The best book I’ve ever written hasn’t been published yet. It hasn’t even been contracted.
This isn’t some lame attempt at metaphysics or inspirational tripe. I mean this literally. The book is written, and it’s the best thing I’ve ever done. But I can’t sell it, and it’s driving me nuts. Let me back up briefly to correct something in that first line. The book has been contracted once, but the publisher went under before the book saw light of day. It was a small press, sort of. Certainly it was far smaller than Tor, which has published the rest of my novels. And we did manage to get the book rights back before the publisher folded. But reselling the book has been difficult to say the least.
I’m writing about this not because the particulars of the business side of this saga are terribly interesting; really, they’re not. Rather, I’m writing this post because there’s an emotional dimension to this issue with which I’ve been grappling.
I love this book. I mean I really love it. I believe it truly is the best book I’ve ever written. The narrative just flies, the characters are dearer to me than any I’ve created for other books, the magic system is tremendous fun. Most of all, I love it because it’s so different from my epic fantasy. (It’s contemporary fantasy, with a mystery twist and a dark theme. That’s really all I care to say about it right now.)
The thing is, that difference, which is so central to my feelings about this novel and the volumes I hope will follow, is also the source of my deepest fears about the book. You have to understand, since my agent and I started trying to resell the thing it’s been rejected many times. While I love the book, something seems to be giving editors pause. And I’m starting to wonder about my own perceptions of the novel. After ten books and several short stories, I’ve become pretty adept at evaluating my own work. At least I have in traditional fantasy. But this is . . . different. What if I can’t judge this work properly because I don’t know the subgenre well enough?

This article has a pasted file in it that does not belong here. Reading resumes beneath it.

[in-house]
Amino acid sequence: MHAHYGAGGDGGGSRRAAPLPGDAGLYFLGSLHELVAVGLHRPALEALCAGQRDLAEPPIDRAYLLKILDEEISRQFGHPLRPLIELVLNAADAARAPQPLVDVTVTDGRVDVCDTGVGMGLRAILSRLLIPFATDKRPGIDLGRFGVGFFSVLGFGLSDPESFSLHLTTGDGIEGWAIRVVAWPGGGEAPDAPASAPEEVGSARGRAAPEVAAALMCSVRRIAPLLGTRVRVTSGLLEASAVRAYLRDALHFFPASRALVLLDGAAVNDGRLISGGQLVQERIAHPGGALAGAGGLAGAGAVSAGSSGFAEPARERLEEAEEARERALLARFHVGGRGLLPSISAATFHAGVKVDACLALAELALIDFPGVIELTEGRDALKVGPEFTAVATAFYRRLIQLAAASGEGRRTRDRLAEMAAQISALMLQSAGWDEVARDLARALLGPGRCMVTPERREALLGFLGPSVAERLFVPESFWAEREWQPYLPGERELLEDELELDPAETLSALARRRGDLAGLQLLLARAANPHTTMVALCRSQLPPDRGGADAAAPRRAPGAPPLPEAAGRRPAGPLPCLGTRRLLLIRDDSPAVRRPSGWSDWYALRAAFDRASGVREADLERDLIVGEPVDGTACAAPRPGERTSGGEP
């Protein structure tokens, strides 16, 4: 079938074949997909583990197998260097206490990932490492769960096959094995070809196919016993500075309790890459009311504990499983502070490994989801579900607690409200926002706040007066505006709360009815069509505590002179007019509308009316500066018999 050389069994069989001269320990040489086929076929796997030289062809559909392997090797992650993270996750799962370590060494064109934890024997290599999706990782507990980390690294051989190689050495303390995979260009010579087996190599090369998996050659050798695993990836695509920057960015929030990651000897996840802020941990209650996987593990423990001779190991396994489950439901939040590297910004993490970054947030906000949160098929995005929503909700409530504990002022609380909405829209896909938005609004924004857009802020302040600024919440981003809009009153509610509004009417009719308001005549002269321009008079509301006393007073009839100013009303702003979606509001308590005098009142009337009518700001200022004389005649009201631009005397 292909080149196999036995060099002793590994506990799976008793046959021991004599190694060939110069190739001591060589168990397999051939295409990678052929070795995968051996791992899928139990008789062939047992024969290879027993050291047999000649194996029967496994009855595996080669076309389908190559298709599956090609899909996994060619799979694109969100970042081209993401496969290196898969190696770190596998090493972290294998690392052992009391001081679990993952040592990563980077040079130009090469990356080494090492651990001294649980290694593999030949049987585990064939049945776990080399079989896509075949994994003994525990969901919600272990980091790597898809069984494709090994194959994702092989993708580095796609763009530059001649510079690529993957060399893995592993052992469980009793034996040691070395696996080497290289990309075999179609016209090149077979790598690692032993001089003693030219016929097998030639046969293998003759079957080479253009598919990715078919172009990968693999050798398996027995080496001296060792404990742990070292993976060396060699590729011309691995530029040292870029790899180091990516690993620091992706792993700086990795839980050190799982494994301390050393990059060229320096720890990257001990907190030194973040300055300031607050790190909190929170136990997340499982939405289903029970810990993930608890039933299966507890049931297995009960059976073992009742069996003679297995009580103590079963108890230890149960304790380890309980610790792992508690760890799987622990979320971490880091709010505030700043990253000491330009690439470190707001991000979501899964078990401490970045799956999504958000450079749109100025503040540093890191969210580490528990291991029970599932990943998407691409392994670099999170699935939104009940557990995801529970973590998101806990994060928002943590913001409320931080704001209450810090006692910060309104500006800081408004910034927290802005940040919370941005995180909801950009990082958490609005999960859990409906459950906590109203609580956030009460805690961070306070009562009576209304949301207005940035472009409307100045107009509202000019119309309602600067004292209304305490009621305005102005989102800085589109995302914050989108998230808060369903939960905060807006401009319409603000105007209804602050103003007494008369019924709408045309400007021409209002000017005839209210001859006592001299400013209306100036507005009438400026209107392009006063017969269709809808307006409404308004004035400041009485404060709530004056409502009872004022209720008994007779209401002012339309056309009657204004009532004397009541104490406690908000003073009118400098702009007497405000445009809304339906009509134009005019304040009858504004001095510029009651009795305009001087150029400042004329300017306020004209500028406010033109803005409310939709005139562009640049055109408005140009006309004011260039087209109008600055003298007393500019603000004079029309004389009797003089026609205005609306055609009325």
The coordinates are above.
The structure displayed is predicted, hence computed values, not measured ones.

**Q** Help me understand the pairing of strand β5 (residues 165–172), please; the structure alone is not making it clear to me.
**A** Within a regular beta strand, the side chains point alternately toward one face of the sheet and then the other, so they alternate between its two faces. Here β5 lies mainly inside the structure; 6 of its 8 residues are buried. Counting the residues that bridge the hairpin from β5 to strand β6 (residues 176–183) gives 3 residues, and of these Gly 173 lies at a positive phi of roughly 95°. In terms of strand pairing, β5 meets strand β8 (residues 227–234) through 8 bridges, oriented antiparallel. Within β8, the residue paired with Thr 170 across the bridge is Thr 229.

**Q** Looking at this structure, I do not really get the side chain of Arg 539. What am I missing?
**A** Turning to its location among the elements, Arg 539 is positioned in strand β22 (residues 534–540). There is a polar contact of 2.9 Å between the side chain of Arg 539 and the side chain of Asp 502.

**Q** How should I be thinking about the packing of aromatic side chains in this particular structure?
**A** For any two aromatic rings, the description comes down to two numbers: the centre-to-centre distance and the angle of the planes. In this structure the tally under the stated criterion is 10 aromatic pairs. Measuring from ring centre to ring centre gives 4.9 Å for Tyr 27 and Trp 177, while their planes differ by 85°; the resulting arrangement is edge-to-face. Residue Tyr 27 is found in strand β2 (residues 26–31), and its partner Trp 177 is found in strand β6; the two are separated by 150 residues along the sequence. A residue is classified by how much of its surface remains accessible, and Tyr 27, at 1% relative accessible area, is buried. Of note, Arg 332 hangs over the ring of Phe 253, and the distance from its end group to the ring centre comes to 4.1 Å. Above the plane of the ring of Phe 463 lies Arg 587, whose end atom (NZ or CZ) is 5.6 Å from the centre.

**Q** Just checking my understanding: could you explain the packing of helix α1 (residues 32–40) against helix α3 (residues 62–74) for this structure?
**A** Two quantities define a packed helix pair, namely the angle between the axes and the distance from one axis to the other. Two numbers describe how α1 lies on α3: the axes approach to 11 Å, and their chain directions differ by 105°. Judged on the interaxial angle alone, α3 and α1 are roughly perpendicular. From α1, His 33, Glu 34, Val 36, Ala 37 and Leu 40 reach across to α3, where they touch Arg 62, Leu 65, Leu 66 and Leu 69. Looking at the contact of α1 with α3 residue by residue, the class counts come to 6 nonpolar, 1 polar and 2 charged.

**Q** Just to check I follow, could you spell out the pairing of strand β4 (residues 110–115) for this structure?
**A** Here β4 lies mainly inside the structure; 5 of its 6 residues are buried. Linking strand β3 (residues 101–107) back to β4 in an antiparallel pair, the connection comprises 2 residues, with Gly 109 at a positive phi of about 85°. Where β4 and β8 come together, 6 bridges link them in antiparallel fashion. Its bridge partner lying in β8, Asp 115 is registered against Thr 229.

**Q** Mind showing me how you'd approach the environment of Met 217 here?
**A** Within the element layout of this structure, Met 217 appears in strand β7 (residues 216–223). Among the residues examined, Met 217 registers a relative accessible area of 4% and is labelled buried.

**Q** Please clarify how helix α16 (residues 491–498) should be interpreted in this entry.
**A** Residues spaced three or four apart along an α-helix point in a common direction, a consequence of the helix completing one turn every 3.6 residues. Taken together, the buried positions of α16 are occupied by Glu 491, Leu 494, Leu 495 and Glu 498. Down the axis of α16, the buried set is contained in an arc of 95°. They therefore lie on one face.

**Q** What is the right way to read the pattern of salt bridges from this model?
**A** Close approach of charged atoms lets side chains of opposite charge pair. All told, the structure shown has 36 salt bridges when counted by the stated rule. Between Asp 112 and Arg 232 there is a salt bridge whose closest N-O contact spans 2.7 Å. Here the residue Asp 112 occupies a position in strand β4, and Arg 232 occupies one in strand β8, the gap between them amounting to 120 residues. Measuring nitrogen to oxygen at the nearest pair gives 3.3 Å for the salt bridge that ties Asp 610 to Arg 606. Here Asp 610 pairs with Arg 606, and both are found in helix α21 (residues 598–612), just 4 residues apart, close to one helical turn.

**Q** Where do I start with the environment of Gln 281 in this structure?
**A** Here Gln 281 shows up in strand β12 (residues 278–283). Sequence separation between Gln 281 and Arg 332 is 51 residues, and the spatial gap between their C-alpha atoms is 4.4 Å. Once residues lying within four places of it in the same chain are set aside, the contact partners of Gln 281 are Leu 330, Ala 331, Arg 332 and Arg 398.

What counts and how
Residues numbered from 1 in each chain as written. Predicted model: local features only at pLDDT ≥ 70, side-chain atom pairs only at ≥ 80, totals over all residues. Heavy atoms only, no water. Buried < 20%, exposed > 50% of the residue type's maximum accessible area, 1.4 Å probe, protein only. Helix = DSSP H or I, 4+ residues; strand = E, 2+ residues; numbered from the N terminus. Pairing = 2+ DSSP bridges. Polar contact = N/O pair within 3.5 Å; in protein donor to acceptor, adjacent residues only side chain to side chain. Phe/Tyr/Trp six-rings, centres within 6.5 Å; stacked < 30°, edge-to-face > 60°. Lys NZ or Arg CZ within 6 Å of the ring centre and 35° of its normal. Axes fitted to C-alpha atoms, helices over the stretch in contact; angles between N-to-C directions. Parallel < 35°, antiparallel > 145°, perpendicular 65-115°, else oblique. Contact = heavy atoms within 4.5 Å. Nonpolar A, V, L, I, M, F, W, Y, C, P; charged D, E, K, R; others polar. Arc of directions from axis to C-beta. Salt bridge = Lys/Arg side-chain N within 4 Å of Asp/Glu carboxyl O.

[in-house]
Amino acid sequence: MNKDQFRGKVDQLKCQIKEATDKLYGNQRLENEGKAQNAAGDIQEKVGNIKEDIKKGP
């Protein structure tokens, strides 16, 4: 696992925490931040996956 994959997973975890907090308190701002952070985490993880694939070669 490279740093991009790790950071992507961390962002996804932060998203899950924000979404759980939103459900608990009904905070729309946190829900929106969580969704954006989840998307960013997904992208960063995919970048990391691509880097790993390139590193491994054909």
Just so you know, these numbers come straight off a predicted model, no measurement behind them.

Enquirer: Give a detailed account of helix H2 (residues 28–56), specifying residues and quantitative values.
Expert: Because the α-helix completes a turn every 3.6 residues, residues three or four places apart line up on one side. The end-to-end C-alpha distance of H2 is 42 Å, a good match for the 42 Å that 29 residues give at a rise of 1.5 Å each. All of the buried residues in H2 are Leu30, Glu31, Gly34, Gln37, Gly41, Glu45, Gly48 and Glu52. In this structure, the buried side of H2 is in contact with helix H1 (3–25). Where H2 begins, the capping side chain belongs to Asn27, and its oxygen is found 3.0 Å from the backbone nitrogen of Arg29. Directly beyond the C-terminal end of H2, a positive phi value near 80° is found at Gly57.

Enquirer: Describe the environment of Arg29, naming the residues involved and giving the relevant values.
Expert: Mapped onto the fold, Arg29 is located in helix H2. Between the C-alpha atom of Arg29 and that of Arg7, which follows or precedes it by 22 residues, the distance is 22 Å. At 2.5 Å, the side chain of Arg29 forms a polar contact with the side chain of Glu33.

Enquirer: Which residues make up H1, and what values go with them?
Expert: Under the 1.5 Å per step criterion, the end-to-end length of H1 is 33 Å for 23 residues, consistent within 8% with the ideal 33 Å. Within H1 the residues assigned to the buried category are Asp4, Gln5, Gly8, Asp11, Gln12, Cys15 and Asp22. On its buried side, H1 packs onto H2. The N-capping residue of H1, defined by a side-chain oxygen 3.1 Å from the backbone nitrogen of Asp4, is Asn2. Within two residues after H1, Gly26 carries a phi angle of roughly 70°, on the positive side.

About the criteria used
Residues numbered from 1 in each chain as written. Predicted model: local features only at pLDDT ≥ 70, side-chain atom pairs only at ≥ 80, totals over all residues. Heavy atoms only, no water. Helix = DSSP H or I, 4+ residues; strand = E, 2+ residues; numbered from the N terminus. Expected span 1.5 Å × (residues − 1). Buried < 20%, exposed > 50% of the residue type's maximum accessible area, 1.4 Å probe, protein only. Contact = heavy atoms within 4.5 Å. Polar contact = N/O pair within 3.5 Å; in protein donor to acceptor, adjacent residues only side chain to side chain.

I’ve edited and polished the thing until it shines (though I’ve taken care not to overwork it). I’ve done one extensive rewrite that improved it quite a bit. I’ve put it away for months at a time and then gone back to read it thinking that maybe when looking at it fresh I’d see its flaws. I’ve done this twice, actually. Upon rereading it both times I was struck again by just how much I love the book. My agent has always liked the book, but has never loved it as much as I do. She liked it a good deal more after the rewrite. My wife, who never liked the concept of the book in the abstract loved it when she read it and agreed it was my best work. And she’s usually a tough critic.
We’ve all heard the stories of authors whose work was rejected again and again and again until finally it found a home and then went on to be a huge success. I want to be the guy in that story. But when do the rejections outweigh my belief in this book? When do I accept that even though I love it and remain certain that it’s my best work ever, no one else sees it the same way? I’m not ready to give up on this novel yet. I still believe it will sell, and I also believe that when it finally hits the shelves it will do well. But my faith, in this book in particular and in my self-judgment in general, has been shaken by the experience. And I fear that sometime soon, I’m going to have to let go of this dream.
So, I guess I’m asking: When does that time come? When do I give up and accept that those editors who have rejected it know better than I what’s good and what’s not? Have any of you faced similar issues in your own work? Is it possible to love a book too much? Could it be that in making the book so special to me, I’ve made it less attractive to others? I’d be grateful for feedback.